Coronavirus cases have risen in the UK and new risks for poor outcomes from COVID19 have been identified. People who have been diagnosed with obstructive sleep apnoea could be at increased risk of adverse outcomes from COVID-19 according to a new study from the University of Warwick.
The conclusion is drawn from a systematic review of studies that reported outcomes for COVID-19 patients that were also diagnosed with obstructive sleep apnoea.
Published in the journal Sleep Medicine Reviews, the review highlights the need to further investigate the impact of the virus on those with the sleep condition and to better identify those currently undiagnosed with it.
Obstructive sleep apnoea is a condition characterised by complete or partial blockage of the airways during sleep when the muscles there become weaker.
It is commonly diagnosed in people who snore or appear to stop breathing or make choking sounds during sleep, and those who are obese in particular are more likely to experience it.
Lead author of the study Dr Michelle Miller of Warwick Medical School said: “Without a clear picture of how many people have obstructive sleep apnoea it is difficult to determine exactly how many people with the condition may have experienced worse outcomes due to COVID-19.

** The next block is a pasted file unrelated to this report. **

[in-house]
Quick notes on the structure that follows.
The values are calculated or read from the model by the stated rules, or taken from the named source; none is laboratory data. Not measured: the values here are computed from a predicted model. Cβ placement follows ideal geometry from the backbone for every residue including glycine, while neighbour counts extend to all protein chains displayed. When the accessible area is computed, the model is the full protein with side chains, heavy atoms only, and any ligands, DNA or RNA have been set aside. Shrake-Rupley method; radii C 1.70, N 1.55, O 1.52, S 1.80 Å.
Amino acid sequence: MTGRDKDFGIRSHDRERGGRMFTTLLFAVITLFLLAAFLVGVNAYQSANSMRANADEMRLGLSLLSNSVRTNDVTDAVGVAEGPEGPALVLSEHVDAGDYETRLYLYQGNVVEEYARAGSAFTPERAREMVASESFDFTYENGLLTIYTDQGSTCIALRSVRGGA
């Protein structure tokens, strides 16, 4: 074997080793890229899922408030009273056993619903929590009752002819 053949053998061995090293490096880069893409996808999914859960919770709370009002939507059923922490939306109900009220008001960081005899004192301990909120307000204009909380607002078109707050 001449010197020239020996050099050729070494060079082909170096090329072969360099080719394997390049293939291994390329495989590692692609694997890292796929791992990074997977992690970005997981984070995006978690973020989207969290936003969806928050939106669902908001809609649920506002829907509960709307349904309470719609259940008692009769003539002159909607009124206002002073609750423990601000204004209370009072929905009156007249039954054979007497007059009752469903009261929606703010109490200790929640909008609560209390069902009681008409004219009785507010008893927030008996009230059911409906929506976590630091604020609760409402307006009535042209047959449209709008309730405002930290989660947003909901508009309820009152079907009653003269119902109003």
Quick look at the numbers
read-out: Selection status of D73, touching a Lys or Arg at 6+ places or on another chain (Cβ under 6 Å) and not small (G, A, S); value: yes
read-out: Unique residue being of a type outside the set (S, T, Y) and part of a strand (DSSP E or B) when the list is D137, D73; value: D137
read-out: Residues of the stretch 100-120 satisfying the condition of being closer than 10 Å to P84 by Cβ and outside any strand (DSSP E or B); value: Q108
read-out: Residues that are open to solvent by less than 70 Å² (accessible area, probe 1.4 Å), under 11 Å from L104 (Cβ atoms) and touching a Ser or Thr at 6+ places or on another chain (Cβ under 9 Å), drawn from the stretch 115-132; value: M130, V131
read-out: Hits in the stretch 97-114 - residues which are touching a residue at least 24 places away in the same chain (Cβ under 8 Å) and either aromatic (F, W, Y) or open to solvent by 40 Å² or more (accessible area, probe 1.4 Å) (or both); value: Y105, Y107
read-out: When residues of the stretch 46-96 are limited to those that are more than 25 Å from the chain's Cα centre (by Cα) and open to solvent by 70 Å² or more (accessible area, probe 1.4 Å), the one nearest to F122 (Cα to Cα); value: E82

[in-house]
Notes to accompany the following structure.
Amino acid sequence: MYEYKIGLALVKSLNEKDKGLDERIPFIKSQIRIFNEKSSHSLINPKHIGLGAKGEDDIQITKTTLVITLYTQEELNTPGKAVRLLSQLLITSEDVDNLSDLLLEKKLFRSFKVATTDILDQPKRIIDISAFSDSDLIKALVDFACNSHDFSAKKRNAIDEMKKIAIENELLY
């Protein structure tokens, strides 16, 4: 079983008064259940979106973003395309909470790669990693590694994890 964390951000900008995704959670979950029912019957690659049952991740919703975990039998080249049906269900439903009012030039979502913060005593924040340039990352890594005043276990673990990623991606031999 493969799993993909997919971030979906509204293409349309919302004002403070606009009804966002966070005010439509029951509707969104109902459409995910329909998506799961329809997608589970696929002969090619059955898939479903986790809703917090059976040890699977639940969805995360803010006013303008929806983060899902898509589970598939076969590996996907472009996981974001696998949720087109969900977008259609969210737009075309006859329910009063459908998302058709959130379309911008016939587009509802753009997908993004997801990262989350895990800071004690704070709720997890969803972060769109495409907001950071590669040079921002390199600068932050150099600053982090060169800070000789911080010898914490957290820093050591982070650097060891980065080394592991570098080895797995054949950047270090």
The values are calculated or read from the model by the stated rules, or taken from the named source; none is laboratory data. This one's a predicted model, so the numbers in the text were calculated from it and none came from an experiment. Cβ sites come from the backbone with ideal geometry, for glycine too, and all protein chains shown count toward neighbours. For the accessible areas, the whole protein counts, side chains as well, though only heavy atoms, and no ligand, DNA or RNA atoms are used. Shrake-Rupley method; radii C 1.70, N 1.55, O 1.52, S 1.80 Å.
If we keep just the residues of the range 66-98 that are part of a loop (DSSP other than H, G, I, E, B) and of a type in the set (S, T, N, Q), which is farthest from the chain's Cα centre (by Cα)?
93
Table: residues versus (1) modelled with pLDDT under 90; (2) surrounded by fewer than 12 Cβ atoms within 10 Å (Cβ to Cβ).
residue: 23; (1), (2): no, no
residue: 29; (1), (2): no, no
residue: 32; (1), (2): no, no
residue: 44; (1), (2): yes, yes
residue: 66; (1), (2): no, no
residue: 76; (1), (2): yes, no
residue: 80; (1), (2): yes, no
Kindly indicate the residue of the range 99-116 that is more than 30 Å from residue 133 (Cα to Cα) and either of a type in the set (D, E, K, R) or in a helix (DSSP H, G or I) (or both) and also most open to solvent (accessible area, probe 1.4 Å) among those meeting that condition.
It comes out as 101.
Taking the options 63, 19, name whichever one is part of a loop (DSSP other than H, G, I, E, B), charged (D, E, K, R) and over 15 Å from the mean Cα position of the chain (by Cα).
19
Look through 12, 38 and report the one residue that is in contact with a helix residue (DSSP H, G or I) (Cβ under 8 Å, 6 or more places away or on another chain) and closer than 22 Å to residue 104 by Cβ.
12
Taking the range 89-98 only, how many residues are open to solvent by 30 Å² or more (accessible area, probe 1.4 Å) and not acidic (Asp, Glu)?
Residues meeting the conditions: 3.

“This condition is greatly underdiagnosed, and we don’t know whether undiagnosed sleep apnoea confers an even greater risk or not.
“It is likely that COVID-19 increases oxidative stress and inflammation and has effects on the bradykinin pathways, all of which are also affected in obstructive sleep apnoea patients. When you have individuals in which these mechanisms are already affected, it wouldn’t be surprising that COVID-19 affects them more strongly.”
Treatment for obstructive sleep apnoea with continuous positive airway pressure (CPAP) has been shown to have some beneficial effects on these mechanisms and it is important that treatment is optimised for these individuals. In the UK, the British Sleep Society with the OSA alliance has released guidelines with regards to the use of CPAP during the pandemic.
The researchers feel it is important that those diagnosed with obstructive sleep apnoea are aware of the potential additional risk and are taking appropriate precautions to reduce their exposure to the virus.
Further research is required to determine whether these individuals need to be added to the list of vulnerable groups that may need to shield if transmission of virus increases.
Dr Miller adds: “This is a group of patients that should be more aware that obstructive sleep apnoea could be an additional risk if they get COVID-19. Make sure you are compliant with your treatment and take as many precautions as you can to reduce your risk, such as wearing a mask, social distancing and getting tested as soon as you notice any symptoms. Now more than ever is the time to follow your treatment plan as diligently as possible.
“Hospitals and doctors should also be recording whether their patients have obstructive sleep apnoea as a potential risk factor, and it should be included in studies and outcomes data for COVID-19. We need more data to determine whether this is something we should be more concerned about.”